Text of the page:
University of Arkansas Office for Education Policy

Chronic Absenteeism in Arkansas

In The View from the OEP on September 12, 2018 at 12:56 pm

September is Attendance Awareness Month, and this week we learned that Little Rock School District is aiming to cut chronic student absenteeism by partnering with The Campaign for Grade Level Reading, ArKids Read, Heart of Arkansas United Way, and Optimist Club of Greater Little Rock. The idea is that academic performance will improve if students come to school.

But what IS chronic absenteeism?

Chronic Absenteeism is when students are missing a lot of school.  How many absences are chronic? It depends on who you ask.

From a national perspective, schools were first required to submit information on chronic absence to the Office of Civil Rights in the 2013-14 school year.  The OCR defined chronic absence as missing 15 days or more of the school year.  Data from 2015-16 showed an increase in chronic absenteeism, but researchers believe it is due to improved reporting.  Unfortunately, chronic absence data will now be collected through the US Department of Education’s Ed Facts Division.  These data will not be comparable, because chronic absence is defined differently.  Ed Facts will define chronic absenteeism as missing 10 percent or more of school days.

Chronic Absenteeism Impacts Kids

Chronic absence links to poor academic performance, delayed graduation, and higher dropout rates, and it correlates strongly with school climate issues such as bullying and poor transportation.

According to the new report Data Matters; Using Chronic Absence to Accelerate Action for Student Success, Arkansas had a lower percentage of students chronically absent than in the nation as a whole. While the national rate of chronic absenteeism was 15.5%, only 14.1% of Arkansas students missed 15 days or more of school during the 2015-16 year.

Hedy N. Chang, one of the authors of the report, stated that attendance is strongly associated with academic success. Regular absences are an alert that students may need additional support and an investment of resources to have the opportunity to learn and thrive, Chang said. Barriers to good attendance include illness, trauma, unreliable transportation, negative school experiences such as bullying, lack of engagement and relevance to a child, poor discipline that pushes kids out and family failure to realize importance of school attendance. Although researchers have found a connection between poverty and absenteeism, there isn’t a strong correlation in Arkansas between school poverty rates and chronic absenteeism rates.

The map below shows the 2015-16 reported rates of chronic absenteeism in Arkansas school districts.  You can access an interactive map that drills down to the school level here.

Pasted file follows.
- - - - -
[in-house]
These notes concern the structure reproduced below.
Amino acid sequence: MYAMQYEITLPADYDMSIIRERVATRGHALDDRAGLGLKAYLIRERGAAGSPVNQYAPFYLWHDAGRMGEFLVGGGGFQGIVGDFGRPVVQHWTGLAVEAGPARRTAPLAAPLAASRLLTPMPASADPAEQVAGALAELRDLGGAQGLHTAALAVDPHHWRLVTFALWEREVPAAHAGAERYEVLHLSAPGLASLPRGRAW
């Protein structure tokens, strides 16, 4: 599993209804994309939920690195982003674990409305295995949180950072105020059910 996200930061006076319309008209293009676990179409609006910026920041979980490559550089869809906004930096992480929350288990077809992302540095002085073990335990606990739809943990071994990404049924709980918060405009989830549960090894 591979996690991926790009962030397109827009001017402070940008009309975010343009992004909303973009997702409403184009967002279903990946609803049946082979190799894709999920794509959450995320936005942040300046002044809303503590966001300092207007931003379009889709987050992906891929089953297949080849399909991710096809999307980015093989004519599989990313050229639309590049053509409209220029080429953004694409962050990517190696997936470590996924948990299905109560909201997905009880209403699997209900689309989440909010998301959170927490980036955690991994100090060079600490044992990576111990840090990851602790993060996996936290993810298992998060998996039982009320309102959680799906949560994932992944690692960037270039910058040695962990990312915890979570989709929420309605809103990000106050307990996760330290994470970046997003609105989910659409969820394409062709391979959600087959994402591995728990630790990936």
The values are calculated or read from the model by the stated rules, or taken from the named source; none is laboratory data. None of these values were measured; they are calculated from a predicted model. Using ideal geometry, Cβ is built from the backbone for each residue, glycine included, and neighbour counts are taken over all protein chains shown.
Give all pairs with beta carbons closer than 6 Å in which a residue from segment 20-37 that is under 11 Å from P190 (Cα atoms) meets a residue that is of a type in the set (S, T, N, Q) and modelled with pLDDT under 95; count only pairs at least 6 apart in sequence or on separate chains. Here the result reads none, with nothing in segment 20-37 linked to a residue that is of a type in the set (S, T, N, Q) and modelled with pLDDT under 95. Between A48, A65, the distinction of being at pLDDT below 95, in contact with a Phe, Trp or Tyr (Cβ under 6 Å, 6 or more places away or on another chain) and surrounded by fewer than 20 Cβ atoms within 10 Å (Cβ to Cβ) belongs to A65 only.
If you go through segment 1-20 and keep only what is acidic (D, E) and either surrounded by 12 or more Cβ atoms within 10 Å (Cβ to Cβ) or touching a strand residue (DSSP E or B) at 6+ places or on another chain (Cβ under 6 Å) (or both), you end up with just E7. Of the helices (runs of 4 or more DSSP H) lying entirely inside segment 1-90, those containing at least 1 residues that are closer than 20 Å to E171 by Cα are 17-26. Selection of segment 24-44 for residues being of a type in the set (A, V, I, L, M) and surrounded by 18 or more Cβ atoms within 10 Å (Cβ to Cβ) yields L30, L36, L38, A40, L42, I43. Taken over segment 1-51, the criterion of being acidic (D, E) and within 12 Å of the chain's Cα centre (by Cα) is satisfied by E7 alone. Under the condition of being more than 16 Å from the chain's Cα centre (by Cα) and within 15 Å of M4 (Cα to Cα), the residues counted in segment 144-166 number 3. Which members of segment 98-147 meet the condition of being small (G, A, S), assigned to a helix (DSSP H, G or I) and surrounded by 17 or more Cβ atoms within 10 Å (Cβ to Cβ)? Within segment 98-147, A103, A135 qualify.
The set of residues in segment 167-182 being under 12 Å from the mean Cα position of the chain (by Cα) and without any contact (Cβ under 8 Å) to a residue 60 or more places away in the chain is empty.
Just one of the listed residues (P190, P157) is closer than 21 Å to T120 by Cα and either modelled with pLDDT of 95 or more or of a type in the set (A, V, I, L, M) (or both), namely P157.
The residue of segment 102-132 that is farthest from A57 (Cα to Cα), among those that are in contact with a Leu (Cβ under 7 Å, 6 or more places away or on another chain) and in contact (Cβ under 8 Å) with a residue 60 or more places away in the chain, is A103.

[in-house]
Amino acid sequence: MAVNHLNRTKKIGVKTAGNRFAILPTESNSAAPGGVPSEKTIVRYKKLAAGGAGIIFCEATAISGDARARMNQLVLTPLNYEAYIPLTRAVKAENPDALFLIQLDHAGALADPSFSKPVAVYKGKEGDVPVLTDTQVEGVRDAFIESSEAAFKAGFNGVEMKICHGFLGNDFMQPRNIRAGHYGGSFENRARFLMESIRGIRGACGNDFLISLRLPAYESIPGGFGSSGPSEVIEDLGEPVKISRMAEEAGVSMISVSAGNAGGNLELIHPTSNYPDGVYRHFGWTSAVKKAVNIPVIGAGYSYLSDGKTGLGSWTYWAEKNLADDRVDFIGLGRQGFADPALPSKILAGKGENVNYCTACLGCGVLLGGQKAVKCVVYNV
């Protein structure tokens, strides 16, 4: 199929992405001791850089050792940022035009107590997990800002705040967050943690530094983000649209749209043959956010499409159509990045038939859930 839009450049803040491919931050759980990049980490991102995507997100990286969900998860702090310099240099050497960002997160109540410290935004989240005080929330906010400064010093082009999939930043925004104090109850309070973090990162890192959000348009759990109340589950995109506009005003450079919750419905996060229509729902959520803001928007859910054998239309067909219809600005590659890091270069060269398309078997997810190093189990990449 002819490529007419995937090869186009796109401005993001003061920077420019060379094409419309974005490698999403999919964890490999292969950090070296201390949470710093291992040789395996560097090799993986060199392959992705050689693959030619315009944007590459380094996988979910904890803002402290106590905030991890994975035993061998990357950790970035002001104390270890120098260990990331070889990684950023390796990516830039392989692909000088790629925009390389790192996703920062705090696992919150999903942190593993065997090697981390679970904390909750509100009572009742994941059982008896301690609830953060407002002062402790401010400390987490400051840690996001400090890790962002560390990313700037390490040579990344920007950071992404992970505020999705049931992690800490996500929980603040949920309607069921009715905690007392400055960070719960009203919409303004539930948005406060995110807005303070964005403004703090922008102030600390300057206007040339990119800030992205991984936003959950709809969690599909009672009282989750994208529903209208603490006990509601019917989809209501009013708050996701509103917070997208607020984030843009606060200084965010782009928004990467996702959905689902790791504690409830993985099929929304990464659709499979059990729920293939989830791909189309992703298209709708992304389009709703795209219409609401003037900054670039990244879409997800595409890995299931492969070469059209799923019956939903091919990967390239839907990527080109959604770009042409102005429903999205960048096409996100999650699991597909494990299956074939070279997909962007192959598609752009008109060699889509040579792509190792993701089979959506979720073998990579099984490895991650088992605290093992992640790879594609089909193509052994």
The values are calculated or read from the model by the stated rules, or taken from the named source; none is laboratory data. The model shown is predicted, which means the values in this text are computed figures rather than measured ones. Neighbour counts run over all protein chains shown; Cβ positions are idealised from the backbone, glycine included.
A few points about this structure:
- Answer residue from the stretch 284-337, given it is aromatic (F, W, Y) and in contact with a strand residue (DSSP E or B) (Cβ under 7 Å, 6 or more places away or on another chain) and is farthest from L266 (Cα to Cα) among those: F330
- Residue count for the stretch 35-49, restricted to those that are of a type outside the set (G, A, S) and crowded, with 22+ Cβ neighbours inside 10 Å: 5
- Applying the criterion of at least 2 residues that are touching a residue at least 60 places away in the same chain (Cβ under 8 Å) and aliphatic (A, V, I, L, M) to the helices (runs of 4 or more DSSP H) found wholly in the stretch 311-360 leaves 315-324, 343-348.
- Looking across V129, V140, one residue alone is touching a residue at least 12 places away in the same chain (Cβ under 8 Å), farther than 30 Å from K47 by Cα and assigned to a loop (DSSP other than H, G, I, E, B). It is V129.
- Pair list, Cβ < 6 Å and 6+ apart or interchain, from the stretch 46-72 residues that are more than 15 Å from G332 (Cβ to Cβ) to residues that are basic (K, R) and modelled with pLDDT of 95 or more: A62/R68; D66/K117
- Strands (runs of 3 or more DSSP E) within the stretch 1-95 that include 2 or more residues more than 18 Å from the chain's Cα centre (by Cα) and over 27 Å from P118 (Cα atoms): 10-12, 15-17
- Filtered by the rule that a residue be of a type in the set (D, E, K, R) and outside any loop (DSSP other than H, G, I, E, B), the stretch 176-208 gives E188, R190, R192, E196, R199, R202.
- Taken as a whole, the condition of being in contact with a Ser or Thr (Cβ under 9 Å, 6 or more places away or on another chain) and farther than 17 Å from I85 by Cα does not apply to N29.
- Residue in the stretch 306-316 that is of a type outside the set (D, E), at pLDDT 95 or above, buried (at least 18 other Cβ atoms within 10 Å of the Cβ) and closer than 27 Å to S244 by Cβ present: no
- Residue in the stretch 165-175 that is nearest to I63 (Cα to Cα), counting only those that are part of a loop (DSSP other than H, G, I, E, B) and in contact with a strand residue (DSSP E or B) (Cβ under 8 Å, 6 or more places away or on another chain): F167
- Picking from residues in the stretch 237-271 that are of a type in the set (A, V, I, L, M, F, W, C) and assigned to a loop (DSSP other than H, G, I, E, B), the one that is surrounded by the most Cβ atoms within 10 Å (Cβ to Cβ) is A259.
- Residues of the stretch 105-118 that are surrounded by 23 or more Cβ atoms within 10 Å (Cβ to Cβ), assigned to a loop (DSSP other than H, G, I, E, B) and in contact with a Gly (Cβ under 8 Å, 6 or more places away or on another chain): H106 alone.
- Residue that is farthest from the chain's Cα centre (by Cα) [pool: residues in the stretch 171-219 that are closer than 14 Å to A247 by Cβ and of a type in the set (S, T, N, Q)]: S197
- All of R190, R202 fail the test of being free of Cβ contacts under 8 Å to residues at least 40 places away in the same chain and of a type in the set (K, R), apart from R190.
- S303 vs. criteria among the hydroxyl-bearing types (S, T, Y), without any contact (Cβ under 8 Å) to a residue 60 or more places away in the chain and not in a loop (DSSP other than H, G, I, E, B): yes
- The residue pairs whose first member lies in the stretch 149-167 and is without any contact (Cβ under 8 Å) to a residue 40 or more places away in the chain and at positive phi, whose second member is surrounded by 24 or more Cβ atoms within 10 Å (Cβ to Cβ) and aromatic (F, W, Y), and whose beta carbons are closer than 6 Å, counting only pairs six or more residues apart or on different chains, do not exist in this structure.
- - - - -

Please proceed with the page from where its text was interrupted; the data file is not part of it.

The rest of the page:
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Chronic Absenteeism Impacts Schools

Chronic absenteeism has become a national education metric because the 2015 Every Student Success Act (ESSA) required states to include an indicator of School Quality and Student Success (SQSS).  This ‘fifth indicator’ indicator allowed states to place a value on elements of learning that are not typically measured on assessments. States had a substantial amount of freedom to decide which SQSS indicator(s) to include. Arkansas, like the majority of the states, selected chronic absenteeism as one of the measures of School Quality and Student Success used in the state accountability system.

Chronic absenteeism is one of several measures used to indicate SQSS in Arkansas.  Schools are awarded a point for each student who is present at least 95% of the school year, and a half a point for each student who missed between 6 and 9% of the school year.  Schools receive no points for students who are absent 10% of the year or more.  These attendance points are combined with the other SQSS indicators, so attendance doesn’t actually have a large impact on the overall score, but schools may feel incentivized to overlook reporting absences. When data are not valid and reliable, we can’t use them to support students.

As noted with the national attendance data collection, monitoring will be needed to ensure that good data are collected so we can reliably use it to determine relationships with student success in our schools. High rates of absenteeism signify the need to dig deeper to understand the underlying challenges.

Improving attendance rates requires an intentional shift away from punitive action and blame that have no evidence of yielding sustained improvements in attendance.  Arkansas has been working on moving away from such punitive action with Act 1329, banning Out of School Suspension as a consequence of truancy.  As OEP will report to the State Board on Friday, however, over 1,000 referrals for truancy resulted in OSS in the most recent school year.

Like Little Rock’s initiative, communication is key. Attendance Works provides a framework for improving student attendance in which educators starting with positive engagement and problem-solving to identify and address barriers to getting to school.

We celebrate all the schools that are examining the root causes of why students are missing school.  Let us know how we can help!


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